EPA approves Dow's 2,4-D crops

EPA approves Dow's 2,4-D crops

Despite incredible public outcry, USDA and EPA approved Dow's new 2,4-D crops. Help continue the fight against GE crops that boost toxic pesticide use! Donate today »

Mr. President: Bees need help, now

Mr. President: Bees need help, now


Urge Obama's new task force to enact real and rapid protections for honey bees.
Act now »

Feeding the World

Feeding the World

What would a food system geared towards eradicating hunger look like? Much like sound farming, it all starts at the roots... Learn more »

Not lovin’ pesticide drift

Not lovin’ pesticide drift

Join rural Minnesotans in urging McDonald's to keep its promise to grow safe potatoes that don't put their families in harm's way. Take action »

Paul Towers's blog
By Paul Towers,

Across the pond, the buzz is all about the impacts of pesticides on bees. Both the U.S. EPA, and its British counterpart, Defra, have been slow to act on the growing body of scientific evidence that would protect bees. But a series of important hearings may signal important changes afoot in that country.

Marcia Ishii-Eiteman's blog
By Marcia Ishii-Eiteman,

Organic and conventional farmers are feeling rooked. And for good reason. A USDA-appointed advisory group known as the Advisory Committee on Biotechnology and 21st Century Agriculture (AC21) has just concluded over a year’s worth of deliberation on how to address the thorny problem of transgenic contamination of organic and non-genetically engineered (GE) crops— a major threat to farmers’ businesses and livelihoods.

The result? A report recommending that farmers and taxpayers bear the heavy costs of dealing with genetic contamination, while leaving the Big 6 pesticide and GE seed manufacturers free from any responsibility for the harm caused by their products. 

Linda Wells's blog
By Linda Wells,

Seed and chemical giant DuPont just hired a fleet of ex-police officers to patrol the farmlands of North America.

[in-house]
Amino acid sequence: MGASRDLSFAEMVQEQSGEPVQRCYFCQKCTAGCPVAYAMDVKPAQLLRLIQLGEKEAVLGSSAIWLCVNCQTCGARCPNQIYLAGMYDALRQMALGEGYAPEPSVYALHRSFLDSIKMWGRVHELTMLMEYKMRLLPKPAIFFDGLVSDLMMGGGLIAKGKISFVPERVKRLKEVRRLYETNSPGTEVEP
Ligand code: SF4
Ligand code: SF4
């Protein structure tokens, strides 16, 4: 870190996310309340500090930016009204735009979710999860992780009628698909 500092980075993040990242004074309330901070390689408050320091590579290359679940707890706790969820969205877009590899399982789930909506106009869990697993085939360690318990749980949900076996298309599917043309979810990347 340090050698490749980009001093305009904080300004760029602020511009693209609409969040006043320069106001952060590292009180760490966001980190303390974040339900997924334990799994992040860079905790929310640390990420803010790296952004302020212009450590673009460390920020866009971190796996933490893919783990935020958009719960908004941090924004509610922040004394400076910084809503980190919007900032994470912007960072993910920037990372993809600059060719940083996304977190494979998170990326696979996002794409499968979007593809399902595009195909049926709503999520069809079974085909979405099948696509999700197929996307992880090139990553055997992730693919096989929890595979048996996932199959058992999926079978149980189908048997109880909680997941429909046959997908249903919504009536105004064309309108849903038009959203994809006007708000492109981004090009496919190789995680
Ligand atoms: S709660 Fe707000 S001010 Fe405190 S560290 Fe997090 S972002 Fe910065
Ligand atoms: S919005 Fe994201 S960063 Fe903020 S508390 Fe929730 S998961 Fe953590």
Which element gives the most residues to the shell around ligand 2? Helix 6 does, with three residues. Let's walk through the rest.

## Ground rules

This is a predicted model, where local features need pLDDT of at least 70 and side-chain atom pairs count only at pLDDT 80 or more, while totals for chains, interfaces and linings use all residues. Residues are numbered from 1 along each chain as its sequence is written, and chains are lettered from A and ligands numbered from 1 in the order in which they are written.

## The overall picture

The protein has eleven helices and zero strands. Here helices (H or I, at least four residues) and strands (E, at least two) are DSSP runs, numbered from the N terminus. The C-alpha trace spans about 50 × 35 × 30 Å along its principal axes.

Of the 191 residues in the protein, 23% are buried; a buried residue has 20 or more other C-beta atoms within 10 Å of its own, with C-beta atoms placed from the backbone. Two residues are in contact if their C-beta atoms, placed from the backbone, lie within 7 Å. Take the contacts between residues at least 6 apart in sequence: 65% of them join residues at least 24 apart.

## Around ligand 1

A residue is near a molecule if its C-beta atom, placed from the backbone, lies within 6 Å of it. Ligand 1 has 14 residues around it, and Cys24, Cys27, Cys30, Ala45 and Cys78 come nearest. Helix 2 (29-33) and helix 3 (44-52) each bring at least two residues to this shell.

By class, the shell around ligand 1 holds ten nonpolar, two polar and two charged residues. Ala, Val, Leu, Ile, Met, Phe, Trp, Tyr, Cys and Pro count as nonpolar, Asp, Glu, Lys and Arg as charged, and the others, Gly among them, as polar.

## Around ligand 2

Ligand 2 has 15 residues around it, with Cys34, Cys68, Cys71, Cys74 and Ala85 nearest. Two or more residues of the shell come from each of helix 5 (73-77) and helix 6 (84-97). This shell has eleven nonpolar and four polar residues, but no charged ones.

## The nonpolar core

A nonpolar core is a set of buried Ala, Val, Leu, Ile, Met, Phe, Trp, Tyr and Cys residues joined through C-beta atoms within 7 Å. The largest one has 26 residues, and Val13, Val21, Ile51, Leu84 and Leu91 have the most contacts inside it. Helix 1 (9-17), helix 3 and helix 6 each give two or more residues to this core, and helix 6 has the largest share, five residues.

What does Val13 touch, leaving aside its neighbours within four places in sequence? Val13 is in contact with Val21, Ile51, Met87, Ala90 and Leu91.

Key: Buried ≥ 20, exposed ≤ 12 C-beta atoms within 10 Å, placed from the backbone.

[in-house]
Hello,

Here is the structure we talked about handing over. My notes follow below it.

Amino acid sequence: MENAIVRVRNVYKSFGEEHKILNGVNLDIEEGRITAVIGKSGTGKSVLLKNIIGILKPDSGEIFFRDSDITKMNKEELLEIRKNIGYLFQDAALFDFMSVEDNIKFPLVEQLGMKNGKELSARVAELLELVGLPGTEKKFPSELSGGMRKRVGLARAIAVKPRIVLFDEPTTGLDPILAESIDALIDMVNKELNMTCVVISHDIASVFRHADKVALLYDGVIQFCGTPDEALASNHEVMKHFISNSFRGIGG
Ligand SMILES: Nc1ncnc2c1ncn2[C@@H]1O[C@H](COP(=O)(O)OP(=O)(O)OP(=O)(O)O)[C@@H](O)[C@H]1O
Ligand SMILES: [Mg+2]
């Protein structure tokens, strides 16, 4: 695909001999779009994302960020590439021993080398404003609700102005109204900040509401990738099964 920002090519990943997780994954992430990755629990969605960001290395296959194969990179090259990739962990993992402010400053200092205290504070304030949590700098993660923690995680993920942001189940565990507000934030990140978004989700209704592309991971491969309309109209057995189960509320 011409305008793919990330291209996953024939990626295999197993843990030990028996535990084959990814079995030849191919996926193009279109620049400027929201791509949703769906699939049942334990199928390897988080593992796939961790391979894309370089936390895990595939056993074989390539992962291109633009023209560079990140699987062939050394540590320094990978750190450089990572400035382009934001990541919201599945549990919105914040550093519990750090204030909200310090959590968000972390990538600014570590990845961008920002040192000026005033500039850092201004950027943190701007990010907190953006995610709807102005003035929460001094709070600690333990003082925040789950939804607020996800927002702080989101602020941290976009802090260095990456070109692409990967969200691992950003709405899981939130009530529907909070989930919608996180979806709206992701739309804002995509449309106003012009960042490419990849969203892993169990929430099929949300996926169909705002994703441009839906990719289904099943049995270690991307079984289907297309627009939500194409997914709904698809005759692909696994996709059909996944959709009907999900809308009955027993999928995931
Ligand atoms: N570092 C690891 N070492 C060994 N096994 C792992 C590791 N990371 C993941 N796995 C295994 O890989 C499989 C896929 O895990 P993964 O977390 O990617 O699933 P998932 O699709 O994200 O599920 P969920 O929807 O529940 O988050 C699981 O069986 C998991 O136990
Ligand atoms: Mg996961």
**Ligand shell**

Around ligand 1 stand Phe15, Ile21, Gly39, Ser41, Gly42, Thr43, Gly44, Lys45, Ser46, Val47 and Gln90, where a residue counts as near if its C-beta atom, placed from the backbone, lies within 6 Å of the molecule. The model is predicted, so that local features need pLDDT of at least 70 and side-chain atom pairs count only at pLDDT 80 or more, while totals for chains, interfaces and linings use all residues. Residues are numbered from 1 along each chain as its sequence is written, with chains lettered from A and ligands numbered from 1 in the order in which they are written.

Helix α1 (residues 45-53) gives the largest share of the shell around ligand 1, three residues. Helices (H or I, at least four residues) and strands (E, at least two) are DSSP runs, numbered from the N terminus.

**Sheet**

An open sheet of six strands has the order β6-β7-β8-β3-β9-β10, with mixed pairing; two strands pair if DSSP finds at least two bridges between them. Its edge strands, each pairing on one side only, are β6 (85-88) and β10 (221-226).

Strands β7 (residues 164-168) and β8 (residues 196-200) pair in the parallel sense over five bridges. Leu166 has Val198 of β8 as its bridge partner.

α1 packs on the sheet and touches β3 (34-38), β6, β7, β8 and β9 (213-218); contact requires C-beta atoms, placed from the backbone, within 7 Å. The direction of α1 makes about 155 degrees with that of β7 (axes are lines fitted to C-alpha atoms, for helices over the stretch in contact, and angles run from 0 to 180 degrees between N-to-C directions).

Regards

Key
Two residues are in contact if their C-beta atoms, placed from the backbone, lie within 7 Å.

The second-largest seed company used to rely on their partner/competitor Monsanto to play the industry ‘bad cop’ when it came to seed policing. But now DuPont executives have made it clear that they are not afraid to make some enemies as they protect the company's intellectual property interests in genetically engineered seeds. And they've hired an "agro-protection" company staffed by former police officers to do it.

Pesticide Action Network's blog
By Pesticide Action Network,

Sixty-four years ago today, on a cold winter morning in Paris, delegates from around the world came together to adopt an historic document that was soon to become the foundation of international human rights law: The Universal Declaration of Human Rights (UDHR). The UDHR has since become the most widely recognized and accepted human rights contract in history.

Adopted in 1948, the UDHR has been the foundation for an entire body of international human rights treaties, both binding and voluntary. For decades, it has inspired local and global efforts to hold human rights violators accountable — including PAN’s Permanent People’s Tribunal on violations perpetrated by the Big 6 pesticide corporations, held late last year.

Medha Chandra's blog
By Medha Chandra,

This week we mark the International Week of No Pesticide Use, which honors victims of pesticide poisonings across the world. A week which I wish did not need to exist.

Unfortunately, the problem is very real. According to the World Health Organization, 25 million farmworkers experience episodes of pesticide poisoning in the Global South every year. A new report by PAN Germany highlights this and other sobering facts, illustrating how pesticides continue to harm millions across the globe — and making a compelling case that it's time for real change.